This blog thing has really taken on a life of its own. I might even learn how to tweet here in the next few days if Justin has cranked up his patience meter and checked his assumptions at the door of what one should know about such matters. Granted I know how to tweet analog style (bird noises and random head movements back and forth), but apparently there is a way to upload this onto the intraweb. I can keep everyone informed of which bridge I will be camping under or maybe how delicious my latest indulgence is tasting. Indulging. Very necessary on a trip of this type. Repetitive motions will take you away from any form of indulgence, but give you an excellent excuse to purchase a doubly glazed donuts in one of those neon lit gas stations. The type where the cashier and the truckers seem to know one another and clothing can only be purchased if you are in need of a Wolf or Unicorn depiction of Colorado. Yes it is true. Mythical creatures are among us in Colorado and I have seen them. Granted it was at the end of a 12 hour day and Iwas suffering from sever dehydration, but the unicorns came to me and led me to a beautiful campsite tucked under three highways. It was a convergence of energy that flowed like the river under their bridges. There weren’t any trolls there, I looked. Just a few beer cans and cigarette butts that seem overly abundant along our highways. That and gloves. I have seen more gloves along our highways than any other piece of trash. It would make an amazing sculpture of sorts to gather the missing gloves and use them as bricks to build the ultimate work of art. The type that would keep the hipsters scratching their heads. It would be titled “lending a hand” or some other such cliche’ that would become tragically comical when paired with a big pile of used gloves. Something so obvious that it would stink. Yeah . . . this is what I think about as I pedal and pedal and pedal. That and the delicious Swedish Fish that have found their way into mouth and are now stuck to my teeth, just waiting for their time to brighten my day with another tasty flavor crystal of synthetic cherry flavoring. Yummmm. I think I can almost work one loose. I have also been thinking about my current arch nemesis. Truckers. I know it isn’t fair to lump all truckers together as I am sure I am simply noticing the minority and not the majority, but if one more truckers buzzes me just for the hell of it, well . . . I probably won’t do anything besides rant on this blog, but boy will I do it with such fervor that the trucker will surely know that he/she has messed with the wrong bike tourer. In fact one trucker buzzed me as I was descending into the Boulder Valley. Now that I have the hang of this Bob trailer I have come to enjoy the speed of the decent. What once was an unmanageable speed has now become what I crave. The problem came up when I did this in conjunction with one of these truckers trying to prove a point. I got the speed wobbles after his dumptruck’s airblast rocked my bike and sent me into a frantic braking/screaming/messing my shorts style of biking that resembled a wounded bird’s mating dance and not that of a bike tourer in control. Bike tourer (emphasis on the “er” in “tourer”). I recovered, checked my shorts and moved on. I learned a valuable lesson. Don’t try prying another Swedish Fish flavor crystal from your teeth when reaching speeds in excess of 50 miles an hour. Although the cherry flavor is irresistible, the speed wobbles are something to be avoided.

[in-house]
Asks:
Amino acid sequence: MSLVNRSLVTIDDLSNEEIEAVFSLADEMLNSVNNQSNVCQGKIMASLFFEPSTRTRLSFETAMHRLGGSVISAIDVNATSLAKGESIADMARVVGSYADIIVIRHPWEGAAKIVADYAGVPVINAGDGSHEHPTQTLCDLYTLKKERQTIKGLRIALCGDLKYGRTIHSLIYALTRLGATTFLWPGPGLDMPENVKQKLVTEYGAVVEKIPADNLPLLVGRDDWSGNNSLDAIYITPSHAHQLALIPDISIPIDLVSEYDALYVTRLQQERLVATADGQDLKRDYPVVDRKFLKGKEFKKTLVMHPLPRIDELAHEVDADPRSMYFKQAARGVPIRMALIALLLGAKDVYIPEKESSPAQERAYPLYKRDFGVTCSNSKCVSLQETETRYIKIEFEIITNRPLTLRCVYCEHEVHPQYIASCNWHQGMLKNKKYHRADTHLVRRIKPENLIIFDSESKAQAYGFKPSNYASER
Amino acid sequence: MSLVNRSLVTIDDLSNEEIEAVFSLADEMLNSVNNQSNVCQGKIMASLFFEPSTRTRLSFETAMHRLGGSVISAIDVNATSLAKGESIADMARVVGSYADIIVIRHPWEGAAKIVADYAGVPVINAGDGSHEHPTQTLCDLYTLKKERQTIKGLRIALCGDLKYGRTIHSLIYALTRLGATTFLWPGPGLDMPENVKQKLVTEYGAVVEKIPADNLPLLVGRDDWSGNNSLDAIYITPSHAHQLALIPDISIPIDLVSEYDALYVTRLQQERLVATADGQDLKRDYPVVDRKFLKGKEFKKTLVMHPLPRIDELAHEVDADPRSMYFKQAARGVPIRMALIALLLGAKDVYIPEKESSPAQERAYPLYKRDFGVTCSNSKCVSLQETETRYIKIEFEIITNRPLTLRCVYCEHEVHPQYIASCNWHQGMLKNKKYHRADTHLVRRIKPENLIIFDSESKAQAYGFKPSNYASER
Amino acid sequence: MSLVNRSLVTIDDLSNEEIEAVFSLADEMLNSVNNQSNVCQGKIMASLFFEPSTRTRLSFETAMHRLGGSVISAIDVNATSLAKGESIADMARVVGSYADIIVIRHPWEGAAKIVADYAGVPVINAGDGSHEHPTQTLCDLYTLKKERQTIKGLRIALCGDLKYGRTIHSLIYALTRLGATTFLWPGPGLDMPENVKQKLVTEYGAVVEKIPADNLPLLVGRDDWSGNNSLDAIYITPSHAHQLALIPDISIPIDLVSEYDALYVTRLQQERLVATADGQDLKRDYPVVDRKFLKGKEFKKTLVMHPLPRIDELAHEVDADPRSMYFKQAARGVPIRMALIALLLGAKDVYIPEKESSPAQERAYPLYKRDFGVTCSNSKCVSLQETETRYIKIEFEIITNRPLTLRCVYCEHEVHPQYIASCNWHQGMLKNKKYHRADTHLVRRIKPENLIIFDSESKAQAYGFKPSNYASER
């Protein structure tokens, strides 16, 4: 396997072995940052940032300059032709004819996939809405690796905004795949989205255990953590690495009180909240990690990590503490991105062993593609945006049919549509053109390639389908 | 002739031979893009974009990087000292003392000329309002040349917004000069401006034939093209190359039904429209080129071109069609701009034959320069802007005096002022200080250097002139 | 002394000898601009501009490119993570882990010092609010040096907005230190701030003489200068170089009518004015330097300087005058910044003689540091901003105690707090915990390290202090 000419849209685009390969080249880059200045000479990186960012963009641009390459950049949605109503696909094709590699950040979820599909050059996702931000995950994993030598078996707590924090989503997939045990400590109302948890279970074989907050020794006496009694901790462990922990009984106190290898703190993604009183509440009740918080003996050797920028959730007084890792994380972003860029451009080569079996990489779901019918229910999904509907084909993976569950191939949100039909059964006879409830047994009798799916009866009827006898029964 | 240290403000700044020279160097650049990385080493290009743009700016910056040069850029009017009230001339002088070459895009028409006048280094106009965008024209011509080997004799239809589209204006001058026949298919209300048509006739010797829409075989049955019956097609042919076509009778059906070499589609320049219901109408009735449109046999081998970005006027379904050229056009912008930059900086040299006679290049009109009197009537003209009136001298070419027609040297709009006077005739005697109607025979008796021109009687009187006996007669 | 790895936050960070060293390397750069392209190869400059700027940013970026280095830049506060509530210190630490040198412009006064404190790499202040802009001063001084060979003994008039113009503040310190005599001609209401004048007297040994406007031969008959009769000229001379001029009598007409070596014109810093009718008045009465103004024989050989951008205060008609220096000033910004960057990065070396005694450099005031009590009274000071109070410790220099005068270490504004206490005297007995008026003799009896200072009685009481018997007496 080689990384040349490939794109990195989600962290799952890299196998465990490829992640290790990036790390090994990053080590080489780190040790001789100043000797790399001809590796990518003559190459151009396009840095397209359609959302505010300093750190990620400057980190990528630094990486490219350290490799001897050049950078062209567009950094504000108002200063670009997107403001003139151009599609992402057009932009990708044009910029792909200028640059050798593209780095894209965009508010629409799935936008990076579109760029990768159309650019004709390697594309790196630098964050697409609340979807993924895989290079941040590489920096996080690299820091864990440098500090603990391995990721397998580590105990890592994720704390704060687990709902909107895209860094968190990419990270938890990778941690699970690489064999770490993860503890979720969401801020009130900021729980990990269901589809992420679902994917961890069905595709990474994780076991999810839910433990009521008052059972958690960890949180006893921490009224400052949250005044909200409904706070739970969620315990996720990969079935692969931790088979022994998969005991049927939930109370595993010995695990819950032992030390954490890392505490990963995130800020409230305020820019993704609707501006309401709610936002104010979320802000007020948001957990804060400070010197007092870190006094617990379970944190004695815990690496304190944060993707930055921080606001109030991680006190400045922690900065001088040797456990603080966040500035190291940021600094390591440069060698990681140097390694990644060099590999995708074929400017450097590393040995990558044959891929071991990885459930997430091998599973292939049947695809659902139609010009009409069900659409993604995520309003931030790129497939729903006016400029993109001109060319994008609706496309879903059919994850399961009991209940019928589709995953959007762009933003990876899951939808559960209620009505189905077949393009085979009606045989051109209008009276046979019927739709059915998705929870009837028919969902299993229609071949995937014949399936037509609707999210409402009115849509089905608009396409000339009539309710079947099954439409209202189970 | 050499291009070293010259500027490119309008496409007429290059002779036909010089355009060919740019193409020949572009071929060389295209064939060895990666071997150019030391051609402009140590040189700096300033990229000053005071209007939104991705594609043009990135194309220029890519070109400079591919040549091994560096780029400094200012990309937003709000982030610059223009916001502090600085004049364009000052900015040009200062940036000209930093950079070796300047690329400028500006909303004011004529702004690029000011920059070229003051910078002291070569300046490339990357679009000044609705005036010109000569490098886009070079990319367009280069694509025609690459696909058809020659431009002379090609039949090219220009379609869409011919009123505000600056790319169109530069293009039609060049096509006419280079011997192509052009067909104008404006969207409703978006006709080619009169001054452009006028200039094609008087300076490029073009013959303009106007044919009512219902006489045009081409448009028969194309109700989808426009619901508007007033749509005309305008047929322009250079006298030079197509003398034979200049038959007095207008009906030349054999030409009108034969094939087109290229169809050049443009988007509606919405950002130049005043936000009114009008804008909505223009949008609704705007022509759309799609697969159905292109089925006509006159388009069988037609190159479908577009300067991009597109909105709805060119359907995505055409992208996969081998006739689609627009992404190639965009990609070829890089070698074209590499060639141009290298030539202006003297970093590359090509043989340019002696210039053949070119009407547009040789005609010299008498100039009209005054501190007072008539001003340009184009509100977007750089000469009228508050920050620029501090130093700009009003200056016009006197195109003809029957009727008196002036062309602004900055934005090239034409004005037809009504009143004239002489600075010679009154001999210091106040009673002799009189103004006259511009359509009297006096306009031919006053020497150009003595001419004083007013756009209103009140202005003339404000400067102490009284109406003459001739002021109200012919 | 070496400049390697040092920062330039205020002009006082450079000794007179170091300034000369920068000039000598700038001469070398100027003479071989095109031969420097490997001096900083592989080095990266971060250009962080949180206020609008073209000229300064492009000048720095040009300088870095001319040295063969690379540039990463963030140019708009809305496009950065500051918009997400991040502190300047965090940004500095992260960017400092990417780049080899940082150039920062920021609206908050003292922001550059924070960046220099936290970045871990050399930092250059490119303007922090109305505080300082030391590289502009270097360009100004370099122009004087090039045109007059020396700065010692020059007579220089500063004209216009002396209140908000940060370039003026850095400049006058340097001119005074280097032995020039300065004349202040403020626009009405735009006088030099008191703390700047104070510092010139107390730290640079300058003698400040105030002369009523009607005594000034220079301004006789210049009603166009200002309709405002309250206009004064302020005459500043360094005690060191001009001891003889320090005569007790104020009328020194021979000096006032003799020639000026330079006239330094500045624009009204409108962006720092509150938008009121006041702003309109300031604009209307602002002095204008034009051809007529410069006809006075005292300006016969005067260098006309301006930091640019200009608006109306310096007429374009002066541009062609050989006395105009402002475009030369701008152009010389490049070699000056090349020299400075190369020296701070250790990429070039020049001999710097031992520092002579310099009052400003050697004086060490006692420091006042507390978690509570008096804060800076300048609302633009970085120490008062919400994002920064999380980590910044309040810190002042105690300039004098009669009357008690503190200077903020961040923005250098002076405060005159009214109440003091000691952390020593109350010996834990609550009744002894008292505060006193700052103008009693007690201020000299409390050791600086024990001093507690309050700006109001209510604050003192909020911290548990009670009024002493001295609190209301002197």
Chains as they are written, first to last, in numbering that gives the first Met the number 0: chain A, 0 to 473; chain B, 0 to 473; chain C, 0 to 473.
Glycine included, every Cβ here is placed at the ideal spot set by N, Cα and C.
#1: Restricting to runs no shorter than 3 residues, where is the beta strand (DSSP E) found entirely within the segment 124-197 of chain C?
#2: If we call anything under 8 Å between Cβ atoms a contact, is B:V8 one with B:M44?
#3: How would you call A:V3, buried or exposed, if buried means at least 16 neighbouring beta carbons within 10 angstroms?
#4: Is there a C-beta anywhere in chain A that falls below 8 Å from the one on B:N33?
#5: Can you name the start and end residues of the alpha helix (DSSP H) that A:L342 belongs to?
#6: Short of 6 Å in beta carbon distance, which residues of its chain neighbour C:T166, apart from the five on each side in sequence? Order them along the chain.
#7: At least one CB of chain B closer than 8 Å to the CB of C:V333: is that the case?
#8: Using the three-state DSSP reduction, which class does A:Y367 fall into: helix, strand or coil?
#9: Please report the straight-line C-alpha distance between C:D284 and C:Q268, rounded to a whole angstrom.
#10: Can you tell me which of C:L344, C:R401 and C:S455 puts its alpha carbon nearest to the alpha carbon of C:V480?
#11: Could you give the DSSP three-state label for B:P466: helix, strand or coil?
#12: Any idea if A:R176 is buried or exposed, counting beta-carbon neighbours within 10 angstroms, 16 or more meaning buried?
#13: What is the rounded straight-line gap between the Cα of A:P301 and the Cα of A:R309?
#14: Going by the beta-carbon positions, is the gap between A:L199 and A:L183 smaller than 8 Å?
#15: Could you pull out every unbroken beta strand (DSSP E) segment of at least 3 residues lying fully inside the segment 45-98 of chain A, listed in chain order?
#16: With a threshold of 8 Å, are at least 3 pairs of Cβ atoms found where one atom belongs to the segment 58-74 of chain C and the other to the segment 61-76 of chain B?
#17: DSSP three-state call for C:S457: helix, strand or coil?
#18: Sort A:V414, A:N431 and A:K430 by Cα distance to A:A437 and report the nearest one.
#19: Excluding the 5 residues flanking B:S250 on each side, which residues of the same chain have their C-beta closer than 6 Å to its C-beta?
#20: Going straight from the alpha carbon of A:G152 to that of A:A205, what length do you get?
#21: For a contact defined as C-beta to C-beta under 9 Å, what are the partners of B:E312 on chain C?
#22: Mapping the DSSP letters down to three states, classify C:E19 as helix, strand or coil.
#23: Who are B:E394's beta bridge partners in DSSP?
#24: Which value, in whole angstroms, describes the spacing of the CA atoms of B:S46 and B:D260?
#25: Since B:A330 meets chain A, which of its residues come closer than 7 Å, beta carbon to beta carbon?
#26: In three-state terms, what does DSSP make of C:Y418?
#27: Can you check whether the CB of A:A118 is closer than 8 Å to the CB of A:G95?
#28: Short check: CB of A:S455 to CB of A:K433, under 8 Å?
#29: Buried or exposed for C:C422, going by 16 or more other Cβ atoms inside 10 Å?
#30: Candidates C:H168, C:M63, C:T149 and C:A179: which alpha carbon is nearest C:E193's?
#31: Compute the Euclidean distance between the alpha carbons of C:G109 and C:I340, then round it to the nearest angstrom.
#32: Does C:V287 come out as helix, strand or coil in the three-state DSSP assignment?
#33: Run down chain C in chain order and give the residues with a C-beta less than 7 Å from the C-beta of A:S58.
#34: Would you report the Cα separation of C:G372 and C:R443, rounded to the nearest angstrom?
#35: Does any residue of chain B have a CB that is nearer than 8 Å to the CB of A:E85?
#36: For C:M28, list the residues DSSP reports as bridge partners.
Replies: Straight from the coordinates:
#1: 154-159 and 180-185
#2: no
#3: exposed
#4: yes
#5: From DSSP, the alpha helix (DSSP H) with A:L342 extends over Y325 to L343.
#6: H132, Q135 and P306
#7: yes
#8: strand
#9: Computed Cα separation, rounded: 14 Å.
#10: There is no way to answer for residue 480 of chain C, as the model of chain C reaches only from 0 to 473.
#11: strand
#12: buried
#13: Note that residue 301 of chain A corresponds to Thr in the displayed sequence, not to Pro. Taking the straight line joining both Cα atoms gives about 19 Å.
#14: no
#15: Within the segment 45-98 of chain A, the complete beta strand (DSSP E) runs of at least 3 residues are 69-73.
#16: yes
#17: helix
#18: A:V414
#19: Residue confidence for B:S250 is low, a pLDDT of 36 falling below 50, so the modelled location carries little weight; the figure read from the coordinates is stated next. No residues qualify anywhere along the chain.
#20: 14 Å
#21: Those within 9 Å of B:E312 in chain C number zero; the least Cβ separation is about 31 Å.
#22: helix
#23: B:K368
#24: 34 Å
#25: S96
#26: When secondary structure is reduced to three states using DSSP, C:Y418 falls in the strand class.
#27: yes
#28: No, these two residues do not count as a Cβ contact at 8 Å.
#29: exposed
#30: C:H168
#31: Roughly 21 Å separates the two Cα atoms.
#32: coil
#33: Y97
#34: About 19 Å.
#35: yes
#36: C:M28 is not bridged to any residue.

Right, you are probably wondering what all of this has to do with anything. It doesn’t, but you are reading it in an almost voyeuristic way. This is basically my dairy and I have little patience to chronicle my adventures in a traditional fashion. The road hasn’t been about what pass I went over or what sustainability means to me. As in most scenarios, it is the people I have come across during my travels that have brought joy into this currently repetitious world. Pedal pedal, eat eat, pedal pedal, eat eat. Somewhere in there is sleep and then the occasional down day. I swear I met god twice in one day. Not god in any sense that you are currently thinking. There were no white beards, sandals or burning bushes, just a drunk old woman who tested my patience and rogue biker who came from nowhere at the very moment that I needed directions. The drunk old lady fit the bill of crazy. She had a bag of magazines, a glass of white Zin and a make up job that would make Elizabeth Taylor proud. There was nothing subtle about her. She asked me if I was busy preparing my thoughts before the presentation and I thought I had communicated in a friendly yet firm fashion to let her know that indeed, I was preparing for the presentation and would appreciate a moment to gather my thoughts. This is when she chose to launch into a story about her kittens. Of course I could only multitask for so long before I had to fake some audio-visual emergency happening in the back. She came up to me after the show and bestowed her kindest compliments upon me, but cornered me as I was eager to chat with the rest of the audience about the show. I helplessly tried to say goodbye to the other guests, but she had me pinned. I eventually gave in and listened to her about how the show wasn’t marketed well enough and how she thought more people needed to see our presentation. My patience was tested, and I wonder where the White Zin lady is today. We parted ways without saying goodbye as my attention was finally drawn to another. When I turned around she was gone, but her glass of Zin was still sitting there with a ring of fiery lipstick. Was it a sign of the second, third or tenth coming? Why was she there? Why am I still thinking about my impatience with a sweet, old, drunk, crazy lady? Why am I craving a glass of White Zin? These are the questions of life.